Australia is far further behind than other countries in dealing with the unhealthy conditions of the diets we consume.
A number of other countries, including the United Kingdom, Canada, and Mexico, have taken significant steps to increase the nutritional status of the population and to prevent overweight.
However, our most recent assessment, which was released in conjunction with the International Congress on Obesity, has identified numerous flaws in Australian policy in relation to international best practices and a lack of progress on policy over the last five years.
What did we assess?
Our evaluation of federal policy contained an assessment of where Australia is doing in 50 policy areas aimed at dealing with unhealthy diets. These policy areas have major influences on the products we purchase and eat, as well as policies that affect the cost and affordability of various food items as well as the varieties of food we can choose from, the manner in which food items are labeled, as well as the way in which food is advertised.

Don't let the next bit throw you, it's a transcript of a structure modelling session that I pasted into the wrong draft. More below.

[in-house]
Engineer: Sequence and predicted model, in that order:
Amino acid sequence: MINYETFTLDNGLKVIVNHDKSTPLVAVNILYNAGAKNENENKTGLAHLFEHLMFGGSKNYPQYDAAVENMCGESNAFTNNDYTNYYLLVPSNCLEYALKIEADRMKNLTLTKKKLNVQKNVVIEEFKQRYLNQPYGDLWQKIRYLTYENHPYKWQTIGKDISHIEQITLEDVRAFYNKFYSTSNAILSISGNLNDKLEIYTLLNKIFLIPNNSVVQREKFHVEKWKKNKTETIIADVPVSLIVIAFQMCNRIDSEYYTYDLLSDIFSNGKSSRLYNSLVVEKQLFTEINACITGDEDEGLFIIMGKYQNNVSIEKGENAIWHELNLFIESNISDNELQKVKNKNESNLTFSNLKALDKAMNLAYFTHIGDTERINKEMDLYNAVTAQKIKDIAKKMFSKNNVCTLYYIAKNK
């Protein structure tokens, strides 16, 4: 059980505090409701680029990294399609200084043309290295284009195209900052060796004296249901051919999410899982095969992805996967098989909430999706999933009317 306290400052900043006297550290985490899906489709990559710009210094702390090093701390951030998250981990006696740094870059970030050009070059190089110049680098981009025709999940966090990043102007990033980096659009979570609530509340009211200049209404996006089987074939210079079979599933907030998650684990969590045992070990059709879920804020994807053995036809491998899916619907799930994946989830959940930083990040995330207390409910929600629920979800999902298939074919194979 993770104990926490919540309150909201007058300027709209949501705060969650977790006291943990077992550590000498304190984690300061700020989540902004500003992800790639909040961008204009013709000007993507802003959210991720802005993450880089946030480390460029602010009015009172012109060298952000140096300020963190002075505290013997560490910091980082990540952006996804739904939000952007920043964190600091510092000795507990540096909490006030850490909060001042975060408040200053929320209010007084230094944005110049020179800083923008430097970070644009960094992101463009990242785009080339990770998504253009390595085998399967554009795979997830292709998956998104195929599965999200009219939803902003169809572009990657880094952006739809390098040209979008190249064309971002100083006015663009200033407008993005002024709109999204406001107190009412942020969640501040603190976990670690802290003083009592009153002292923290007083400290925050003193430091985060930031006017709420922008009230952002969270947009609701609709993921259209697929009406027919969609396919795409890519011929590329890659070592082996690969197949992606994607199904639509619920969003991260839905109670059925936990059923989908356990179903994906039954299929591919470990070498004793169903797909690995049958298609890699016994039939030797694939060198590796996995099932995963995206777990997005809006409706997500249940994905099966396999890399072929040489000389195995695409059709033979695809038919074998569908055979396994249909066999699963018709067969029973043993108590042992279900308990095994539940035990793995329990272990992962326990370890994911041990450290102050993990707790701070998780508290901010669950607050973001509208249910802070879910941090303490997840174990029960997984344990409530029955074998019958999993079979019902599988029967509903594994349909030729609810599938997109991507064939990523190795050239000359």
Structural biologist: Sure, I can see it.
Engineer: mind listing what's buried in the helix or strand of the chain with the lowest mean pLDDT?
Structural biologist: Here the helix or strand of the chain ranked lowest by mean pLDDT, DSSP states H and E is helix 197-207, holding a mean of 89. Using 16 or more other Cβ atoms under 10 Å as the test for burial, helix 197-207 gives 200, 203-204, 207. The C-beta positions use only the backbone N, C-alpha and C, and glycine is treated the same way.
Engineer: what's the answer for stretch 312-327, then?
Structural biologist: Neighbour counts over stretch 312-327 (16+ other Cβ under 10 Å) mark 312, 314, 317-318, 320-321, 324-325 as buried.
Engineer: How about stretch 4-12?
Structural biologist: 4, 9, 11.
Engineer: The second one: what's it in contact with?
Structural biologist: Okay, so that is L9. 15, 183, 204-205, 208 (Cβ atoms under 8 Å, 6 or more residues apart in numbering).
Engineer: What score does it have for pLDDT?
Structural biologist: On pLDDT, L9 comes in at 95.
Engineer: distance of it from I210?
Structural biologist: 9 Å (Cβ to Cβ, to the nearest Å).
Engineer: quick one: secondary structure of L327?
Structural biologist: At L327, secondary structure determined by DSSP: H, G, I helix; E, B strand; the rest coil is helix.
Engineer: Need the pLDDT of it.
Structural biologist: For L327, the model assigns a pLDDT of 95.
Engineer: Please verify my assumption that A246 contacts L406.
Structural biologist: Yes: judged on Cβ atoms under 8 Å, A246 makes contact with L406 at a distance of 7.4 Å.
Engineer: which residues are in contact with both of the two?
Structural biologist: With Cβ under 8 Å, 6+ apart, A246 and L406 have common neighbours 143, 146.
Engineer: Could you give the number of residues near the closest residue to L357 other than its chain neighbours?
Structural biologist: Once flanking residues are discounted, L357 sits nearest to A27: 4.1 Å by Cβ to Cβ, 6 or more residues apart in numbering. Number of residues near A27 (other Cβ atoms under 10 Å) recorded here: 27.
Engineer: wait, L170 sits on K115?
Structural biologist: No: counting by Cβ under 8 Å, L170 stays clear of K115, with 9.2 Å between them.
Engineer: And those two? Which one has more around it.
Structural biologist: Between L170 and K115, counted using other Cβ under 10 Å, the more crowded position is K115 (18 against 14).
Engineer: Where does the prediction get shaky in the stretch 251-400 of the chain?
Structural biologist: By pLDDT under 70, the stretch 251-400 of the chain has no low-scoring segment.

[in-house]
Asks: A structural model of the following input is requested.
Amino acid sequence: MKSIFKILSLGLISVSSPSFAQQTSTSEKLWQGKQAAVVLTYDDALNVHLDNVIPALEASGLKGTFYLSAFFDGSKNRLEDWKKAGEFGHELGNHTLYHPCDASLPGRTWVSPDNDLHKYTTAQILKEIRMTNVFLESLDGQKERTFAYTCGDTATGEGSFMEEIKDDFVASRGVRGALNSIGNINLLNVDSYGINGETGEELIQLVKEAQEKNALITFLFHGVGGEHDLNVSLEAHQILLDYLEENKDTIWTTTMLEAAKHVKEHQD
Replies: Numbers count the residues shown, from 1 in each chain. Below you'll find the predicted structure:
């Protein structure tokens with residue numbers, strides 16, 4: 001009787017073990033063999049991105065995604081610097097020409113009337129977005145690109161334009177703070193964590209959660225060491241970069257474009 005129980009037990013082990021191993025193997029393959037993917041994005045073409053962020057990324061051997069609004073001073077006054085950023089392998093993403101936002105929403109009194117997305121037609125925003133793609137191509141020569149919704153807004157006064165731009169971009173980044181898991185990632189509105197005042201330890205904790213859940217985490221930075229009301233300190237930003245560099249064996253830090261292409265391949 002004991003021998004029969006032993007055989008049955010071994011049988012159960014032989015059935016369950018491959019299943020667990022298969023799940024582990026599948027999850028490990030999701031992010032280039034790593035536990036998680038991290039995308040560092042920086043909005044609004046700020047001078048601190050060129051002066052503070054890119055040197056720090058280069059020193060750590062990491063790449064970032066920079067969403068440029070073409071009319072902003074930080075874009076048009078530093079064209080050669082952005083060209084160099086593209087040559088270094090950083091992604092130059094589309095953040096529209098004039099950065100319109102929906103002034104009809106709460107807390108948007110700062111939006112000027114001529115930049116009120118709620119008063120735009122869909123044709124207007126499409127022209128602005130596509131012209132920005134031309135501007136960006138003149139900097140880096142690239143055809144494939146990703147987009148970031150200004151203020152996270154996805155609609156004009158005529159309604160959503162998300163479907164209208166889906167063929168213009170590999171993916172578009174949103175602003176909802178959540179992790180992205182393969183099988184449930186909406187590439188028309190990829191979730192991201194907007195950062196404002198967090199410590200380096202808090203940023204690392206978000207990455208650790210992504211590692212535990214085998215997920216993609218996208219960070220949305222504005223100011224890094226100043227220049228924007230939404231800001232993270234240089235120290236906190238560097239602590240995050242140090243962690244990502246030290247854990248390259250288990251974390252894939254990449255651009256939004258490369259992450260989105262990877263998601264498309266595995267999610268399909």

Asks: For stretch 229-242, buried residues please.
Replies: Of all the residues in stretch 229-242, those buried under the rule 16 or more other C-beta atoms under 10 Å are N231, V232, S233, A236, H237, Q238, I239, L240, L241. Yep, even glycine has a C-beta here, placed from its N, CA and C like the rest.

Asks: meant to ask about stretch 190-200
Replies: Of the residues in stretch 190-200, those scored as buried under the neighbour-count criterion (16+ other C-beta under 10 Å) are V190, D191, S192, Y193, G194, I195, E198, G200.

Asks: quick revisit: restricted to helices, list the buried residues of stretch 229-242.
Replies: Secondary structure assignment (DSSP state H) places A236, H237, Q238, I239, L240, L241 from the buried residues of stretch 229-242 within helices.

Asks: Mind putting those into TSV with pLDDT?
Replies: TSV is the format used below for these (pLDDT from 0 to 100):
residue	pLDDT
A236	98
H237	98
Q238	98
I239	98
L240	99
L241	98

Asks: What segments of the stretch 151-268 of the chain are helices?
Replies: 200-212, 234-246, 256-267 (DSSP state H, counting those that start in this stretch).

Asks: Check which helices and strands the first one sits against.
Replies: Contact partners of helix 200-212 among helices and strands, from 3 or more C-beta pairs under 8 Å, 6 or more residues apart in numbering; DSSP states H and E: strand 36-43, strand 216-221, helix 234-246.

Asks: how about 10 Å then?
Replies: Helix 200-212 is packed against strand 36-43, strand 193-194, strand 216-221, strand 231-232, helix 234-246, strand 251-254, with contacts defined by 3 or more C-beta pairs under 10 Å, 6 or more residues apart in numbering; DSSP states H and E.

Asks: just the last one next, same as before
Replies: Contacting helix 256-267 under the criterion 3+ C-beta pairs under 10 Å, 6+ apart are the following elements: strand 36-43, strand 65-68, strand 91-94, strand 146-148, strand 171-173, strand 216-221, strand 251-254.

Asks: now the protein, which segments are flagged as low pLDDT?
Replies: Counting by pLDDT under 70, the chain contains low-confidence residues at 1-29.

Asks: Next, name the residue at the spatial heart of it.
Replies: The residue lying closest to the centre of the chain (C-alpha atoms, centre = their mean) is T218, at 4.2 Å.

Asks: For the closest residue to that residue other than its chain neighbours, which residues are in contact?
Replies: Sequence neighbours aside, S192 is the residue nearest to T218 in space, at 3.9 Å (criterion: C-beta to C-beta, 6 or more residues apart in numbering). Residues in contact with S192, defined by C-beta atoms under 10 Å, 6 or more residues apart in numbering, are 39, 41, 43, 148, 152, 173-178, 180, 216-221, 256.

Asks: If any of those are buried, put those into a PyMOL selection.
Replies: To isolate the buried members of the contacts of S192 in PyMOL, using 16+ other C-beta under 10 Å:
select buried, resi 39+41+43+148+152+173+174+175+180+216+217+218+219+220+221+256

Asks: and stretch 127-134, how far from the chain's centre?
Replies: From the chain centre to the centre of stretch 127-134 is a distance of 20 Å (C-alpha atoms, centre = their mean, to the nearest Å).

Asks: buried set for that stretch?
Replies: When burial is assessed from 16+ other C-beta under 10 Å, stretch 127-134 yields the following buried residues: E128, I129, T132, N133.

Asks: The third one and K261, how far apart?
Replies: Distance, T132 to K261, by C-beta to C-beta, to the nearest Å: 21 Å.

We collaborated with officials from the government to record the current actions in every policy area. We then analyzed how the current policies were compared with international benchmarks.
We also made suggestions to fill in the gaps and prioritize them according to their importance relative to feasibility and. Experts from 37 organizations participated in the evaluation and prioritization.
How does Australia compare to other countries?
The implementation of internationally recommended policies to improve diets for the population and tackle obesity in Australia does not meet internationally accepted best practices.
The areas where Australia is performing very well
One of the few areas in which Australia performed well was the field of food labeling. Certain of the laws regarding the ingredient lists, as well as nutrition information panels and health claims, were rated as the best anywhere in the world.
Another area that earned Australia the top score is that the GST is not applicable to fresh fruits and vegetables and helps to lower prices compared to other healthier products.
What can other countries do better than you?